Sarah Johansen MED’89/’90 – Medicine, Mentorship, and Pies

Sarah Johansen sat in the breakfast nook at her home in Hanover last October, chatting on the phone, when Rebecca Stern MED’19 walked in. Rebecca and her husband were among three alumni couples staying with Johansen and her husband, Tom, for a fall leaf getaway.

“I’m talking with a reporter,” Johansen said. “She wants to know about some of the things I do as a volunteer at Dartmouth.”

Rebecca smiled and took the phone. “What doesn’t Sarah do is the easier way to describe it,” she said. “She’s just an incredibly supportive mentor.”

An assistant professor of emergency medicine and of community and family medicine, Johansen is a longtime member of the Alumni Council and has also served as its president. She participates in the White Coat & Stethoscope Campaign program, advises Dartmouth’s Physicians for Human Rights (PHR) chapter, chairs the Alumni Recognition Committee, and has chaired the Syvertsen Fellows and Scholars Committee.

She was also named to the Geisel Academy of Master Educators, but she waves it off, preferring to talk about her PHR students who have developed, over five years, a health clinic to assist immigrants seeking asylum in the U.S. “The students find not just friends, but heart colleagues with mutual interest in things that are bigger than themselves.”

A Cornell graduate, Johansen arrived at Dartmouth in 1985 with Tom and their 6-month-old daughter, making her the first mom enrolled in the medical school. “My mother was supportive, but a realist. She said to me, ‘You know, you can’t save the world and have a baby.’”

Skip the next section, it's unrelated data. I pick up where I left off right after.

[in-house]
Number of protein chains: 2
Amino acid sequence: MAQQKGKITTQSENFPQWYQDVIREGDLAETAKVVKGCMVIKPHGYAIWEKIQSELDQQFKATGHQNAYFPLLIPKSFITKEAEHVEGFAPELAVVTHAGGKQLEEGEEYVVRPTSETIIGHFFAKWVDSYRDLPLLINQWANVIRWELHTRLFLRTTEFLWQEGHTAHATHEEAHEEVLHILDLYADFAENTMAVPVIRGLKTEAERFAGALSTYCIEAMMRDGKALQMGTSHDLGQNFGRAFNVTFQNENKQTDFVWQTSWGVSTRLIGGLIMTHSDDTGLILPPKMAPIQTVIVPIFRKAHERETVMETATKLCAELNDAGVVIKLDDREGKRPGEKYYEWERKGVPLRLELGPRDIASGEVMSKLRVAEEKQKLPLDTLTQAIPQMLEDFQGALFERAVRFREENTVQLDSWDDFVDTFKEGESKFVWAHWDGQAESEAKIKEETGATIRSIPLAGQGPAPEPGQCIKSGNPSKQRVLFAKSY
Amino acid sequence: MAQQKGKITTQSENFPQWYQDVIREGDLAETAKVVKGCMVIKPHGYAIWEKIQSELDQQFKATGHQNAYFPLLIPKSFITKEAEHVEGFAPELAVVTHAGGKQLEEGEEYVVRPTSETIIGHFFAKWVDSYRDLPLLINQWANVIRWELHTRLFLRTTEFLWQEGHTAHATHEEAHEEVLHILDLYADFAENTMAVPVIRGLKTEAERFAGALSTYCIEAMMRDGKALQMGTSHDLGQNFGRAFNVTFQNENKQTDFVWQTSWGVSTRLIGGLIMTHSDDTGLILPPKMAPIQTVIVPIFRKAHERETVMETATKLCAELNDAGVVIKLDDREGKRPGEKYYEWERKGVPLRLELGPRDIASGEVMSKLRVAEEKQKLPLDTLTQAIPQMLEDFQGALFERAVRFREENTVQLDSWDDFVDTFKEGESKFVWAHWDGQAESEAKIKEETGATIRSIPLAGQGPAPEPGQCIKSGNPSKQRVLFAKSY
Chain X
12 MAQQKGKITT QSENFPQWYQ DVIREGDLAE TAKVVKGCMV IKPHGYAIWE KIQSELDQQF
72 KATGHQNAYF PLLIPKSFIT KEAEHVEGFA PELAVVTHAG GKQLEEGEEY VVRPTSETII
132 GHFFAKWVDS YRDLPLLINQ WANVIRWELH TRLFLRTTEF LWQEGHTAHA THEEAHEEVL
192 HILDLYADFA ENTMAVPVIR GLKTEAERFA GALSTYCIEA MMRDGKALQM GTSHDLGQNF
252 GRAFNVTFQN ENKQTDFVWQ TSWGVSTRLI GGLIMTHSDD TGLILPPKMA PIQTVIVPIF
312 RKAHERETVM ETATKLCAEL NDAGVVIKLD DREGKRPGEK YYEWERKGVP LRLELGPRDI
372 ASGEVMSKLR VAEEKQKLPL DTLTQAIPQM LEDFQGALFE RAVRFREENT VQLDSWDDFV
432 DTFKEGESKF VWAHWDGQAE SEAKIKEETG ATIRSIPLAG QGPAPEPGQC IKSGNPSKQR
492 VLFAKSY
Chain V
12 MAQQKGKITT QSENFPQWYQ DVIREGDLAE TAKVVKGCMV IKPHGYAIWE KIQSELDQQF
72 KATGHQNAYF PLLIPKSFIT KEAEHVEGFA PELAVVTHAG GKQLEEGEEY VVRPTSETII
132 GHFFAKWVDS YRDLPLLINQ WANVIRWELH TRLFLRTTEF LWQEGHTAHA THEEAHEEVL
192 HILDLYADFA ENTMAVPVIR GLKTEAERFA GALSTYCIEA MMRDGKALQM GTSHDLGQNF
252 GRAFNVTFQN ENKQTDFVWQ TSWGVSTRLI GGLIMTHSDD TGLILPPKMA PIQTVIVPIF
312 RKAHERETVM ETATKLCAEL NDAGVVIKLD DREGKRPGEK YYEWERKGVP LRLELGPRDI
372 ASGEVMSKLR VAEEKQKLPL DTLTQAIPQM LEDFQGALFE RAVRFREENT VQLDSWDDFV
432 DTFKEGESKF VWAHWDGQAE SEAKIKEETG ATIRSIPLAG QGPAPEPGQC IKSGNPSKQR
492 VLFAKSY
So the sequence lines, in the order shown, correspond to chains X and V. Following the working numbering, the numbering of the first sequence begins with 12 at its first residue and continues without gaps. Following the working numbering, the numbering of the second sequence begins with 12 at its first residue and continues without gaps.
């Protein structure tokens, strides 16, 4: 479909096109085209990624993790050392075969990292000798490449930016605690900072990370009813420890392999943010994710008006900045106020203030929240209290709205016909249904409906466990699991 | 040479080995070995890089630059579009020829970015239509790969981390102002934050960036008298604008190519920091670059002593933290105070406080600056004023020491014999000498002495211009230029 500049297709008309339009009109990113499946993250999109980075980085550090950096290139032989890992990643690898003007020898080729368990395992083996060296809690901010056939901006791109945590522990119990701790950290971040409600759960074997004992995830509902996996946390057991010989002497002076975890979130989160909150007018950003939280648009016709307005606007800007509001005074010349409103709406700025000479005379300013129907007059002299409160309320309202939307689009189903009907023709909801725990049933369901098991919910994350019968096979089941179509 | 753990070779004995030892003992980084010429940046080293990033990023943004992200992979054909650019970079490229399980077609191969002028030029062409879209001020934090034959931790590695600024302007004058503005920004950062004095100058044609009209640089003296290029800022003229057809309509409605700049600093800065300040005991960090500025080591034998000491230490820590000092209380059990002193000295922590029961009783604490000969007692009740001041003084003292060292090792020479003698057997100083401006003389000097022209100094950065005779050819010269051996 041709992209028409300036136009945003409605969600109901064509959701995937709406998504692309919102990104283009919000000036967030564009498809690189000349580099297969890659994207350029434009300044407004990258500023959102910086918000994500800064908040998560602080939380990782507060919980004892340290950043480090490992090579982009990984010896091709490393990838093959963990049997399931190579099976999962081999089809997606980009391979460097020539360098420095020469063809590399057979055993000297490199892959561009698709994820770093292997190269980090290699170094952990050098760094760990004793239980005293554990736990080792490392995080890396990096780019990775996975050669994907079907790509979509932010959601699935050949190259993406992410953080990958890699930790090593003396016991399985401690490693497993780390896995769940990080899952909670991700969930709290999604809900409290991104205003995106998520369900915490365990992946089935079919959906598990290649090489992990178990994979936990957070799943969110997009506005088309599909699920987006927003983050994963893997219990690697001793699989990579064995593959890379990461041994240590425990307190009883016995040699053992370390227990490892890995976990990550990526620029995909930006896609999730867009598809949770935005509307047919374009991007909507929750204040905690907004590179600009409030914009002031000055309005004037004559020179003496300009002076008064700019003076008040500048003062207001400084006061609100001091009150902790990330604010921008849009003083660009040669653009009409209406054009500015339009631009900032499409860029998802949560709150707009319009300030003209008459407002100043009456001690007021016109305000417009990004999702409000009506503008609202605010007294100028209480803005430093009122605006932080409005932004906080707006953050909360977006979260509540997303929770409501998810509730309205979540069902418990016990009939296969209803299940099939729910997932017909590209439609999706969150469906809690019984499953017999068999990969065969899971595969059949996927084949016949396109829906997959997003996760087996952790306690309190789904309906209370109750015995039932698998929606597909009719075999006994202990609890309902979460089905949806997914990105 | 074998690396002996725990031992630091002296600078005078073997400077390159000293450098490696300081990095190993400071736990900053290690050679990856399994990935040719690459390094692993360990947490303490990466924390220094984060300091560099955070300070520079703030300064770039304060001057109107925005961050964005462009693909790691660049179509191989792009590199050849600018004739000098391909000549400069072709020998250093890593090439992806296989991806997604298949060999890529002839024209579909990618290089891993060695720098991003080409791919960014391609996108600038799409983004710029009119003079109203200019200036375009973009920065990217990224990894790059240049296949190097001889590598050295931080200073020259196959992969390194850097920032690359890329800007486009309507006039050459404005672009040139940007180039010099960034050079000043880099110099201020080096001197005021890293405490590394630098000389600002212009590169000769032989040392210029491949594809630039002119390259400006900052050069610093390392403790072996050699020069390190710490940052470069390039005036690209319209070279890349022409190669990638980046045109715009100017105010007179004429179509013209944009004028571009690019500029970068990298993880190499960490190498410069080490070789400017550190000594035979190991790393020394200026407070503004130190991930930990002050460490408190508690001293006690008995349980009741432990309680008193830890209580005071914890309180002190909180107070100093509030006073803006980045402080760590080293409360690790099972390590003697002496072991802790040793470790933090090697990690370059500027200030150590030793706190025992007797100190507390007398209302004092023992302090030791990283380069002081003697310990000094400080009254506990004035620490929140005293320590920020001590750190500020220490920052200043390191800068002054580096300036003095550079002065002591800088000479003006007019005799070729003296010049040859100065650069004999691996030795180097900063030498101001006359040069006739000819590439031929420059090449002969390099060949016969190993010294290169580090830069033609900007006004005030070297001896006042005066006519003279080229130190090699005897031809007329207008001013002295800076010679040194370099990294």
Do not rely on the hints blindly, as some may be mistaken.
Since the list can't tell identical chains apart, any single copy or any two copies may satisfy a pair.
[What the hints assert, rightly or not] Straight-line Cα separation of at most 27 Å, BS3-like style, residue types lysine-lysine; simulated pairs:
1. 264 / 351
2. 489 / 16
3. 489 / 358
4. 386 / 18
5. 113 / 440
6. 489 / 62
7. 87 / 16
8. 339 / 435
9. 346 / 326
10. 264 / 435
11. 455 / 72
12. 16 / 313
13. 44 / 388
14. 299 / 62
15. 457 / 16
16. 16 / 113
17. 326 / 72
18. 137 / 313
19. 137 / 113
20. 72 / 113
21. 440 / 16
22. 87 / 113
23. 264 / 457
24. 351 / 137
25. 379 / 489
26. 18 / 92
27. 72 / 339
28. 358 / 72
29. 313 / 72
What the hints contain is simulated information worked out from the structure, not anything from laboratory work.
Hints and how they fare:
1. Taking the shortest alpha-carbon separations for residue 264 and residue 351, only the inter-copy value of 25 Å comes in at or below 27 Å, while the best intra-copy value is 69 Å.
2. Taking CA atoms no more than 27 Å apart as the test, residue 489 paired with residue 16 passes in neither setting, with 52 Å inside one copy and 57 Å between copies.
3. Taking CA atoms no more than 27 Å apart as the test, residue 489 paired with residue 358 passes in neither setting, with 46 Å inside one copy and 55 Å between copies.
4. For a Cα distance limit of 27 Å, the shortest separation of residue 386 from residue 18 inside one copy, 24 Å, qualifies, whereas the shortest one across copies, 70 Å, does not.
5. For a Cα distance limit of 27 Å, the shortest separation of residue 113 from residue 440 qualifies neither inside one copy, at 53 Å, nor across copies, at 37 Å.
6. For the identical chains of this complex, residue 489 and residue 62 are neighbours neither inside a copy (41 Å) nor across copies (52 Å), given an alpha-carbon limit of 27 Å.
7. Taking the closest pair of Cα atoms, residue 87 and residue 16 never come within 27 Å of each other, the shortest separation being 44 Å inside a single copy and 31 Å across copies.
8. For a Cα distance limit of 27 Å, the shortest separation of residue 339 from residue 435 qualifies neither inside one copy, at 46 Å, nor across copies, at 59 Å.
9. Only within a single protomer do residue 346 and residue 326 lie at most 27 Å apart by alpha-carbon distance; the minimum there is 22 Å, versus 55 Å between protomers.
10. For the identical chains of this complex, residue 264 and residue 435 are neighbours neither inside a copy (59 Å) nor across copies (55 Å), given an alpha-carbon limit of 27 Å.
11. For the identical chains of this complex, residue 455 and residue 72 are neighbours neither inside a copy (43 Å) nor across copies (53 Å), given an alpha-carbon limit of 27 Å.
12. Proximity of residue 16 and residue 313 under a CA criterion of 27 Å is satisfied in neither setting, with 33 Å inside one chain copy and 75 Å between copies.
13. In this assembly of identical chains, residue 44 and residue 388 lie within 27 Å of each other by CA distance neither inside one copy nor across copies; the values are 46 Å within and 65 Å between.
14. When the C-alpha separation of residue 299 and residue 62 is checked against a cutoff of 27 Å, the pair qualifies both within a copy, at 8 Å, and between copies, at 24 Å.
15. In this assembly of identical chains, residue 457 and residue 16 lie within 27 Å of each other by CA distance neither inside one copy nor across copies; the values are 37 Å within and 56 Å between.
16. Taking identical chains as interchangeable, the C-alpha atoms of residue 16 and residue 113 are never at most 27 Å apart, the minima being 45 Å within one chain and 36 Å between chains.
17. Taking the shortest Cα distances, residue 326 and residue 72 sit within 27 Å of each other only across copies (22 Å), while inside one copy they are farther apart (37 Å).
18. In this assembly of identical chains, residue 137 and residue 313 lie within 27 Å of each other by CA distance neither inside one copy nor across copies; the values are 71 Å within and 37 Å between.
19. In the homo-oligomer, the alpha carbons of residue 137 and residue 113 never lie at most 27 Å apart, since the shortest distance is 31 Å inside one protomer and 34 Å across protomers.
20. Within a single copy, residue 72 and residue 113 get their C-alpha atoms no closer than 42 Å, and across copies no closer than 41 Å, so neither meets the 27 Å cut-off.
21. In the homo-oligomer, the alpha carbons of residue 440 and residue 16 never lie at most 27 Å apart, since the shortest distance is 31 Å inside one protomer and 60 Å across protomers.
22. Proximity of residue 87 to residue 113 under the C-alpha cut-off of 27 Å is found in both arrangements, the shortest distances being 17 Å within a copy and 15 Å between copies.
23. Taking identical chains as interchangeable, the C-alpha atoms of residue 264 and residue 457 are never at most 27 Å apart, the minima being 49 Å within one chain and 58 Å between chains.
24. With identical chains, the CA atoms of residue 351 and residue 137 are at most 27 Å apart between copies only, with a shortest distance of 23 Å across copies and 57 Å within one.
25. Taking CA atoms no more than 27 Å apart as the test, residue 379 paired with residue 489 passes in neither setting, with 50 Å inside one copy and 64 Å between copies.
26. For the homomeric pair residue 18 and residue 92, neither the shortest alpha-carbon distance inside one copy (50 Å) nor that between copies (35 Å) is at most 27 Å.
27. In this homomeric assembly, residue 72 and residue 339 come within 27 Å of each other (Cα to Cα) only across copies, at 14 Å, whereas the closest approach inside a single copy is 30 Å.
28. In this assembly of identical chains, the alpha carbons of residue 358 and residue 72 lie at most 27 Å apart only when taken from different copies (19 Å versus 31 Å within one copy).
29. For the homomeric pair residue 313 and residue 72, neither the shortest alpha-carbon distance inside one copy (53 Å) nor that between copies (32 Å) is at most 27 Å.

But Johansen had felt a spirit of community on the Dartmouth campus and recognized it as a place where people’s unique values are supported. Jonathan Ross, MD, a professor of medicine and of community and family medicine, invited Johansen and Tom to his home and introduced them to his family. He reached out periodically to ask about her progress. “He believed I was going to do important things. And he helped me believe in myself.”

Flip through Johansen’s photos now, and you’ll see students toasting holidays in the home where she and Tom raised their three kids. You’ll see bonfires, pumpkin carving, and pies—lots of pies. How many students have pulled up a chair at their table? Johansen lost count long ago.

Written by Ann Hinga Klein